8 months ago
Whether your destination of choice is a villa on a sandy cove surrounded by turquoise water or an ultramodern downtown hotel set against a mountain skyline—the idea of visiting somewhere breathtaking just to sleep through it may baffle some frugal travelers. Yet the need to catch up on shut-eye is increasingly pervasive in rising generations. About 35 percent of adults report getting fewer than seven hours of sleep per night, according to the American Sleep Association.
Springing from this widespread epidemic of sleep deprivation, a recent surge of public interest has started to manifest itself in various forms, including Gwyneth Paltrow’s clean sleep movement as well as exciting innovations in sleep technology. But the hospitality industry is also capitalizing on society’s increasing need for better sleep. Hotels and spas worldwide now use sleep as a selling point, advertising overnight packages or even weeklong retreats designed for ultimate relaxation.
For example, guests at Fairmont Pacific Rim in Vancouver who opt for an overnight Beauty Sleep package are greeted by a bottle of sparkling wine, then treated to an hour-long massage. They receive luxurious turndown services including therapeutic mineral bath salts and often take their breakfast in bed. Fairmont PR manager Kaylyn Storey says the Beauty Sleep package is a favorite for busy moms or women looking for relaxing weekend getaways.
In contrast, the Shanti Sleep experience at Shanti Maurice in Mauritius lasts up to seven nights and caters particularly to yogis looking for complete spiritual rejuvenation. Rather than a bottle of sparkling wine, guests find a tray of ripe fruit awaiting their arrival. In addition to personal exploration time around the island, each day consists of yoga and meditation sessions led by Ayurvedic doctors, all designed to induce greater joy, restorative sleep, and enhanced balance.
The costs for these experiences range from a few hundred dollars for a couple of overnight guests to thousands per person per night. For all but the most affluent consumers, such a steep price tag is sure to beg the question, Is it worth it?
To answer this question, I went straight to the source and asked someone with first-hand experience of a luxury sleep retreat. Travel writer and photographer Leanne Bracey visited Shanti Maurice earlier this year to experience their Shanti Sleep package, and soon after her visit she wrote in detail about the retreat’s mesmerizing treatments.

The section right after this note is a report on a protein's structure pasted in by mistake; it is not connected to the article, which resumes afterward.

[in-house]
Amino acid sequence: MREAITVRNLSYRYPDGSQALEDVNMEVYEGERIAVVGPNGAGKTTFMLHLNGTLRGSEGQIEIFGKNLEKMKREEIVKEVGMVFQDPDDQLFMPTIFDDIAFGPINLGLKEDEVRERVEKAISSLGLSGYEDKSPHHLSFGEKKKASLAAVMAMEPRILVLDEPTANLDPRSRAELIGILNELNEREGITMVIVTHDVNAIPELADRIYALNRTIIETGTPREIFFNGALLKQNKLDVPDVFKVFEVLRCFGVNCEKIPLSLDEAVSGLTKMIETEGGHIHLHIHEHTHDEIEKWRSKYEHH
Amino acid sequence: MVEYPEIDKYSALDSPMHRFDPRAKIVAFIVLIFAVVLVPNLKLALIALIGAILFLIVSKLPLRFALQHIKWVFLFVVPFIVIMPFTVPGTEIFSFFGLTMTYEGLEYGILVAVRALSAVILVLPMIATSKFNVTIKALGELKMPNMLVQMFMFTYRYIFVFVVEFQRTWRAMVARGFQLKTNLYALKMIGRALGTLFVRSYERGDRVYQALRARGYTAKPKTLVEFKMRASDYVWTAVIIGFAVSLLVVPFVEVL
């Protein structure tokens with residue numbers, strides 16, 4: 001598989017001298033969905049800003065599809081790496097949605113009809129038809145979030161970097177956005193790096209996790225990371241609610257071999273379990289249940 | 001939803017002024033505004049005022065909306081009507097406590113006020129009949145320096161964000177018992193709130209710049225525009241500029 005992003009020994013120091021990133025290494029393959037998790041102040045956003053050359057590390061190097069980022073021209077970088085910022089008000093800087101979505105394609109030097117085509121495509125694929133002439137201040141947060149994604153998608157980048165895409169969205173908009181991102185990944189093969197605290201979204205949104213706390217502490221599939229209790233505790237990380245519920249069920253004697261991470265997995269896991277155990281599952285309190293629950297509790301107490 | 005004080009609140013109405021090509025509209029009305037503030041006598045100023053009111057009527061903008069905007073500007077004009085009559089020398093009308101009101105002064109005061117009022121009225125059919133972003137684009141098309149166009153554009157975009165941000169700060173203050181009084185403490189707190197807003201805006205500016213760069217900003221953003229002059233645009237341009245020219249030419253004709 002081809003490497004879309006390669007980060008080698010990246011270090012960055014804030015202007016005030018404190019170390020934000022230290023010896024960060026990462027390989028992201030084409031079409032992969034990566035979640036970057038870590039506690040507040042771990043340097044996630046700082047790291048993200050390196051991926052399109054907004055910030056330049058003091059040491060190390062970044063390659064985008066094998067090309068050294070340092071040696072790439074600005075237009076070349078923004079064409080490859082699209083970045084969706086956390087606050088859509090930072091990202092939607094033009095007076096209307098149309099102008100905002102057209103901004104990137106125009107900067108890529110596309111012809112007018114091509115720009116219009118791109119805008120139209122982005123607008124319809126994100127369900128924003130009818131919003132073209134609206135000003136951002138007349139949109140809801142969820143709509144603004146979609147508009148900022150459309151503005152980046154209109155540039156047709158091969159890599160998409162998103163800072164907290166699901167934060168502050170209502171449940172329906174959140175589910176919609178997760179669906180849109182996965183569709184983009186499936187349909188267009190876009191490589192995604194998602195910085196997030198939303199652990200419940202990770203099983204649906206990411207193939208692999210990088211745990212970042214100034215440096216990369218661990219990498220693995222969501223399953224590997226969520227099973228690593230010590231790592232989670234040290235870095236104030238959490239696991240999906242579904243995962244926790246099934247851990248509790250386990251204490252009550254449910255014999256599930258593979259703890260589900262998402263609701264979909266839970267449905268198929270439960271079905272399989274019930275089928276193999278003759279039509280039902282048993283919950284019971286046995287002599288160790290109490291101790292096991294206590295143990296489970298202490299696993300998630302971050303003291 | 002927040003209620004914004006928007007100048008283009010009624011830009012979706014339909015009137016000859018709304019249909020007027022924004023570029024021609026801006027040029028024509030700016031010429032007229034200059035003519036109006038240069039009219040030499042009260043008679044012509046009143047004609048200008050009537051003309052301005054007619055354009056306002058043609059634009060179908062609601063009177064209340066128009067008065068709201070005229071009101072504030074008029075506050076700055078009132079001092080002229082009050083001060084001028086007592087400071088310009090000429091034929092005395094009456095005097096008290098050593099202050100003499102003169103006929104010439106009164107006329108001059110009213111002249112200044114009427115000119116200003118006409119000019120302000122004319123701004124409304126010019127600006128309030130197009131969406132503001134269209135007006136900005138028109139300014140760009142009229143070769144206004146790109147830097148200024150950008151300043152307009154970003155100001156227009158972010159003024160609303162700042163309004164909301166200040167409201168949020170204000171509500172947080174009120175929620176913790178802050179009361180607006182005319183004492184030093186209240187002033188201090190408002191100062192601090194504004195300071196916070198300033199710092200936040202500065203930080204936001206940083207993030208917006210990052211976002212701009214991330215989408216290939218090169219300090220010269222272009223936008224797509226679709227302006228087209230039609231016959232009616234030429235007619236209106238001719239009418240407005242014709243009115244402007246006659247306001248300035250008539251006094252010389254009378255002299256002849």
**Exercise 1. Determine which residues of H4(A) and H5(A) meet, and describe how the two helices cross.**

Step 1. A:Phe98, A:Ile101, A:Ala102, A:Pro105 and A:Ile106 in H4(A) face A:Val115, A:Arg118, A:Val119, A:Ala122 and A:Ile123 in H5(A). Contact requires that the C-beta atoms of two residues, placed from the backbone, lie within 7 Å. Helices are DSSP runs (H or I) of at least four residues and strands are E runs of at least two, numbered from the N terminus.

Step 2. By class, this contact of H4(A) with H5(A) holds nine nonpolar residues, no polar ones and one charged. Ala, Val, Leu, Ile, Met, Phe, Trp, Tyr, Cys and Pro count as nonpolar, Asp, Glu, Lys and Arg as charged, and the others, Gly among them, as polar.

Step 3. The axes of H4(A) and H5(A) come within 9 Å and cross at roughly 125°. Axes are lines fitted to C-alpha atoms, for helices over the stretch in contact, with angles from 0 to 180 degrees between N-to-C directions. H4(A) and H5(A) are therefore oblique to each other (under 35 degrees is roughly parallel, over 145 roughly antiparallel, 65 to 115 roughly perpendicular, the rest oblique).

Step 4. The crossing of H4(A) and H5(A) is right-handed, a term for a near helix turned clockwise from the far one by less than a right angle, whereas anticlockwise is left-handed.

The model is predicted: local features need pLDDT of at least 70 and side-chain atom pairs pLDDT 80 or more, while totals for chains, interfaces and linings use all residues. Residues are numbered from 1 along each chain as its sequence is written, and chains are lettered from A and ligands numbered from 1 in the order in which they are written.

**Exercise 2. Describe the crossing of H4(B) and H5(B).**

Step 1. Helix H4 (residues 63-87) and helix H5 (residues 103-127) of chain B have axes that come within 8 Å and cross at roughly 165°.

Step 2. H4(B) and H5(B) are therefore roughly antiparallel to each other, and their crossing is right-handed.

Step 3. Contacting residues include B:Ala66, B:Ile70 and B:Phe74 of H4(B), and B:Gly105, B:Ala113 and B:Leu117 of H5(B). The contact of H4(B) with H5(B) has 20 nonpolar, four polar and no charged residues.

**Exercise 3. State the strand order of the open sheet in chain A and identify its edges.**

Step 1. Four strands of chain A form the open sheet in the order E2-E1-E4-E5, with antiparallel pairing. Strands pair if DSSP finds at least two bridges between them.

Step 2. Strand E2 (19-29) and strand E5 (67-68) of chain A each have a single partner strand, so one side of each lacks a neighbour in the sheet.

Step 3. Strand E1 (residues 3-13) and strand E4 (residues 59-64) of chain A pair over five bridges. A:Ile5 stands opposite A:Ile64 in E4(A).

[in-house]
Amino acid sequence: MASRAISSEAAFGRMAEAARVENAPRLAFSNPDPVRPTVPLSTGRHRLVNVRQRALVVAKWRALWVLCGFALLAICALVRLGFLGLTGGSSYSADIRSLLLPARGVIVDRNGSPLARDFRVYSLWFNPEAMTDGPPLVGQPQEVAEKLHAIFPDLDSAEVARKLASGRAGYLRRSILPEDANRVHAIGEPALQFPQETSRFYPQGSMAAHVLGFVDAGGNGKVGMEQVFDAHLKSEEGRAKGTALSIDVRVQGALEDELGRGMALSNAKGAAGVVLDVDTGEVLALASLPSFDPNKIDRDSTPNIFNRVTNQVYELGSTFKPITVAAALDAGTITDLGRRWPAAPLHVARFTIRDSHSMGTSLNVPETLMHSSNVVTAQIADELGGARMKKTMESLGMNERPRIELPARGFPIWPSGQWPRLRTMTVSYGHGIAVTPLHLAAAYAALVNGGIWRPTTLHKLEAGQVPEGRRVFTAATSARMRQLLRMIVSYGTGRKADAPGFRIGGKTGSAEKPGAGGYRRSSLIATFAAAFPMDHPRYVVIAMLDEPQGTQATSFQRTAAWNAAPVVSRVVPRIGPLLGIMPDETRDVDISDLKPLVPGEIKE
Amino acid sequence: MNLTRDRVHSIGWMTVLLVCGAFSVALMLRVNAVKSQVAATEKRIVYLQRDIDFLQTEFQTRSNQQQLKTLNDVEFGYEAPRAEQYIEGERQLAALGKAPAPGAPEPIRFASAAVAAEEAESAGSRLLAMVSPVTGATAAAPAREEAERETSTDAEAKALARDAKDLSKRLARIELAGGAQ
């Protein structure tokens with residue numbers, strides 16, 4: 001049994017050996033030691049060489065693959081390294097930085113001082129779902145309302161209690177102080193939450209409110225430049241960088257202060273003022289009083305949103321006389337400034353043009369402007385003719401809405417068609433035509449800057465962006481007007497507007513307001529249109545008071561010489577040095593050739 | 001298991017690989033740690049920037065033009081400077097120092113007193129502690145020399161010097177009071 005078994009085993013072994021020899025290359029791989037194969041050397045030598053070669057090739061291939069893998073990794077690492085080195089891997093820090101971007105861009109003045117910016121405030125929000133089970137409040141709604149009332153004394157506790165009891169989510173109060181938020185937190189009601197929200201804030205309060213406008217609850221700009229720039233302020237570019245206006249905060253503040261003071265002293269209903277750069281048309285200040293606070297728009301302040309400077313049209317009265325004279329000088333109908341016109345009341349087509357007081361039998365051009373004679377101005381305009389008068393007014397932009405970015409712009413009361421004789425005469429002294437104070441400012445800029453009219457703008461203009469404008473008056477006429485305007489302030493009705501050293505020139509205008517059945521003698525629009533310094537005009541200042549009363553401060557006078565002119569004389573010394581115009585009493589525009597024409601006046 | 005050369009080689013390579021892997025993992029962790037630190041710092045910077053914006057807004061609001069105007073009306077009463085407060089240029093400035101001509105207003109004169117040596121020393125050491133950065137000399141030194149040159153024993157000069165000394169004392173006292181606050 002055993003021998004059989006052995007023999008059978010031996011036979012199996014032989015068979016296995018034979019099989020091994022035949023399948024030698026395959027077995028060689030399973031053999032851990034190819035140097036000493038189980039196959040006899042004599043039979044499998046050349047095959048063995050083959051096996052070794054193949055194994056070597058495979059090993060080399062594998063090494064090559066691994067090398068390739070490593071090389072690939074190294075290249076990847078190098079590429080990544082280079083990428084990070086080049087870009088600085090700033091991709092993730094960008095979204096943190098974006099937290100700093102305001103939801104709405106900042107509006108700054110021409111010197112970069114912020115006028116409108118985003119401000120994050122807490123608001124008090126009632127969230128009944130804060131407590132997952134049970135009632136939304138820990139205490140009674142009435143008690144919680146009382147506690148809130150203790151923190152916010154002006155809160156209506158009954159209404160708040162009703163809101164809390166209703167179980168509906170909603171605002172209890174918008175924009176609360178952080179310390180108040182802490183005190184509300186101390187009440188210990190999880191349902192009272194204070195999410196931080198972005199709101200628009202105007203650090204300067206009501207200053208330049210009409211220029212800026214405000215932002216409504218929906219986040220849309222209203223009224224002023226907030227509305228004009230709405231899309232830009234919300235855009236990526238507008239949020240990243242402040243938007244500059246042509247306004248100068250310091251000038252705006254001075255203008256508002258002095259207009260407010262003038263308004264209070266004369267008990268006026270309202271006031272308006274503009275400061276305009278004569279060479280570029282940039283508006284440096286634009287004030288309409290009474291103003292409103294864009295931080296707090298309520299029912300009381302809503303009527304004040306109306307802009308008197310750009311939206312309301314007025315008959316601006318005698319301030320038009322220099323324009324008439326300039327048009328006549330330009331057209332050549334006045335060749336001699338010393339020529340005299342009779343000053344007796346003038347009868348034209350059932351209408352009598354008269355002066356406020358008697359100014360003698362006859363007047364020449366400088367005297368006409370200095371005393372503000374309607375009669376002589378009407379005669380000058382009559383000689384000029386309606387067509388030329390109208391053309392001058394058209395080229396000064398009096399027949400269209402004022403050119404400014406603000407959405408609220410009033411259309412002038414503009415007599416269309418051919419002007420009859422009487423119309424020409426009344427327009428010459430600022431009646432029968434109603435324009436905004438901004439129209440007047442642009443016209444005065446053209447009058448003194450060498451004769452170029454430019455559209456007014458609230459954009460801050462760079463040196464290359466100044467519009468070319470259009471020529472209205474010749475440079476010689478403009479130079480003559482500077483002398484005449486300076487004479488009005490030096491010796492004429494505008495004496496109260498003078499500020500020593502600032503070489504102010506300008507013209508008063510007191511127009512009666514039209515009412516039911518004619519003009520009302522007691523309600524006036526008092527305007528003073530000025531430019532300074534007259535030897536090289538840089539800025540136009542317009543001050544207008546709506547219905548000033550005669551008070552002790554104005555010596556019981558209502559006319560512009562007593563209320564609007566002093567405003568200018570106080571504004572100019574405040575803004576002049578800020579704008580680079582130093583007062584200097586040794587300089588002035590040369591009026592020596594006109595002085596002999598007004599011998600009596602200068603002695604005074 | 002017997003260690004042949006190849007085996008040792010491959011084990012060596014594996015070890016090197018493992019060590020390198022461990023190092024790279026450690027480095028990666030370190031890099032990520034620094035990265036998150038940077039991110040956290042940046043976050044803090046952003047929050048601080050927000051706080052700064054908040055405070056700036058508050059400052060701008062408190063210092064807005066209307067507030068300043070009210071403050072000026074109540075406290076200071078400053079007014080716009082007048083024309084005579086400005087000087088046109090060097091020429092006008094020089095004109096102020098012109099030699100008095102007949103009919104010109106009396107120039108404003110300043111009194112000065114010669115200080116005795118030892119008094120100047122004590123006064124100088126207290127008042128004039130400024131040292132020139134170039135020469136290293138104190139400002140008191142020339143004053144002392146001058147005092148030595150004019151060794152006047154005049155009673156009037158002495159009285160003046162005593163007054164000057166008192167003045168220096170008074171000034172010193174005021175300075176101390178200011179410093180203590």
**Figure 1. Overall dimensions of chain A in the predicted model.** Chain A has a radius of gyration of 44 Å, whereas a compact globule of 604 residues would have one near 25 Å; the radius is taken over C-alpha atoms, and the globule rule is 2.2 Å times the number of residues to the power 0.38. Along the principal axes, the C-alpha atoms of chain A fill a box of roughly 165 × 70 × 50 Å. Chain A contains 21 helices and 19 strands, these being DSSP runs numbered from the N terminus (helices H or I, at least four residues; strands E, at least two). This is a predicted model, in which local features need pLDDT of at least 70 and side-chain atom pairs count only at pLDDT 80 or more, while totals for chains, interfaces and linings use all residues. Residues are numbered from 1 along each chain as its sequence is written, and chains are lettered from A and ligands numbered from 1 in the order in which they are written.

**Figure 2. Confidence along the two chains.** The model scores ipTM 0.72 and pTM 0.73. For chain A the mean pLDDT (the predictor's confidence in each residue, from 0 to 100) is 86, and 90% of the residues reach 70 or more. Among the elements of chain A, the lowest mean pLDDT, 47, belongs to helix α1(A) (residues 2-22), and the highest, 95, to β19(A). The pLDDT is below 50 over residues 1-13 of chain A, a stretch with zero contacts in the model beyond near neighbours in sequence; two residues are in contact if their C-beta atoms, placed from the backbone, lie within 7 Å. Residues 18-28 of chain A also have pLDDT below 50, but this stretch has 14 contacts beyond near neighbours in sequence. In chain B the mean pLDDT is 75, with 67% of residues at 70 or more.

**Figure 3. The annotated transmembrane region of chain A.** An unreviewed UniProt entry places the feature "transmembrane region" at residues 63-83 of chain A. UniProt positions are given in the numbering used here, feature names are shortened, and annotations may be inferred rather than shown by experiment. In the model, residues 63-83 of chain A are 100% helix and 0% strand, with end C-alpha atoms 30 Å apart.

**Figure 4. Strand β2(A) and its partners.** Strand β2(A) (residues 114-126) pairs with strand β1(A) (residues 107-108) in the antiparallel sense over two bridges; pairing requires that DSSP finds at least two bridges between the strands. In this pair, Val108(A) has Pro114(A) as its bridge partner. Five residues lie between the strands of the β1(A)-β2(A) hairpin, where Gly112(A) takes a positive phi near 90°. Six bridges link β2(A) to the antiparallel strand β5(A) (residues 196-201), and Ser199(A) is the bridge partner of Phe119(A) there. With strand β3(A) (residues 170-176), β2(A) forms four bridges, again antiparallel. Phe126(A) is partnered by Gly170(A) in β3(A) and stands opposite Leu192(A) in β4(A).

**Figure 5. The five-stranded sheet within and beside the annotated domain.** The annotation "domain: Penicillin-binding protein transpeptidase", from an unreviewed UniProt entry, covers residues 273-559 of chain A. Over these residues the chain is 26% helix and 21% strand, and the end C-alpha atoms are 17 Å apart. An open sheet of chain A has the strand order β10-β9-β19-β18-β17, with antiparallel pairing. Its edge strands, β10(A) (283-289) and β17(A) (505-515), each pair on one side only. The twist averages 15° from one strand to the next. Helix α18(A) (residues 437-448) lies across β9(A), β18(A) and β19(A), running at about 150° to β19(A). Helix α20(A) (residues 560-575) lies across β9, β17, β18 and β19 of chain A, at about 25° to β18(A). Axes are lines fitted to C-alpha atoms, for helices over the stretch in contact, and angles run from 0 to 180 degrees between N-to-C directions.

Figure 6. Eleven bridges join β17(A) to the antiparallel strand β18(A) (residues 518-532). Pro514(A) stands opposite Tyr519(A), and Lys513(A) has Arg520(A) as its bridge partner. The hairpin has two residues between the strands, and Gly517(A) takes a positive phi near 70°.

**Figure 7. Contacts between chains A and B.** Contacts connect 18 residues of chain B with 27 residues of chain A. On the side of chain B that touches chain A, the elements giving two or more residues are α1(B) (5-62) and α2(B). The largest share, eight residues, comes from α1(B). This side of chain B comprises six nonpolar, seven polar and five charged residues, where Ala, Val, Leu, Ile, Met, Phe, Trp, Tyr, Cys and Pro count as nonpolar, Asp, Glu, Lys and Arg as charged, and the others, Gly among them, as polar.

Between magnesium massages and centered breathing exercises, Bracey’s account sounds like an undoubtedly blissful escape from the rest of the world. Indeed, one of the greatest benefits of her experience, Bracey says, was “being able to get away from it all in another country with a bit of a time difference.” She points out that the very act of going somewhere for the distinct purpose of sleeping helped her feel more justified in putting sleep first during that time.
Sleep expert for Mattress Firm Parinaz Samimi, MPH, says that feeling of seclusion may help some people who particularly struggle to shut themselves off at the end of the day. “The feeling of being removed from chaos can be a powerful way to promote greater relaxation,” Samimi says.
But Samimi also warns retreating to a hotel or spa to address serious sleep concerns may not have the long-lasting effects that other, more cost-effective solutions may provide. “Before spending hundreds or even thousands of dollars on a trip,” she says, “you should consider solutions that may not even cost you a cent.”
Anyone struggling to sleep well should first evaluate possible causes in their daily habits and lifestyle, Samimi advises. For instance, try cutting out the afternoon coffee or restricting your smartphone use after dinner time. Lowering your room temperature could also improve your sleep quality. Even purchasing a new mattress, which may cost equivalent to a hotel sleep package, is a solution that can last years longer than an overnight or weekend trip.
And for those with sleep issues stemming from medical causes such as sleep apnea, Samimi recommends consulting with a medical professional.
Bracey admits her primary complaint about the retreat was that it passed too quickly. “Had I had longer,” she says, “I would’ve taken more away from it.”
Even so, Bracey sees the potential for sleep retreats to instigate lasting change—“if you don’t have to commute and if you stay in the same house all the time.” For her, continuing the routine she followed at Shanti Maurice isn’t possible, because she has a daily commute, lives part-time with her parents, and travels frequently.
But for individuals who have a little more freedom and flexibility to adopt new routines as needed, maybe a trip dedicated to improving sleep can be the perfect instigator for establishing better lifelong habits.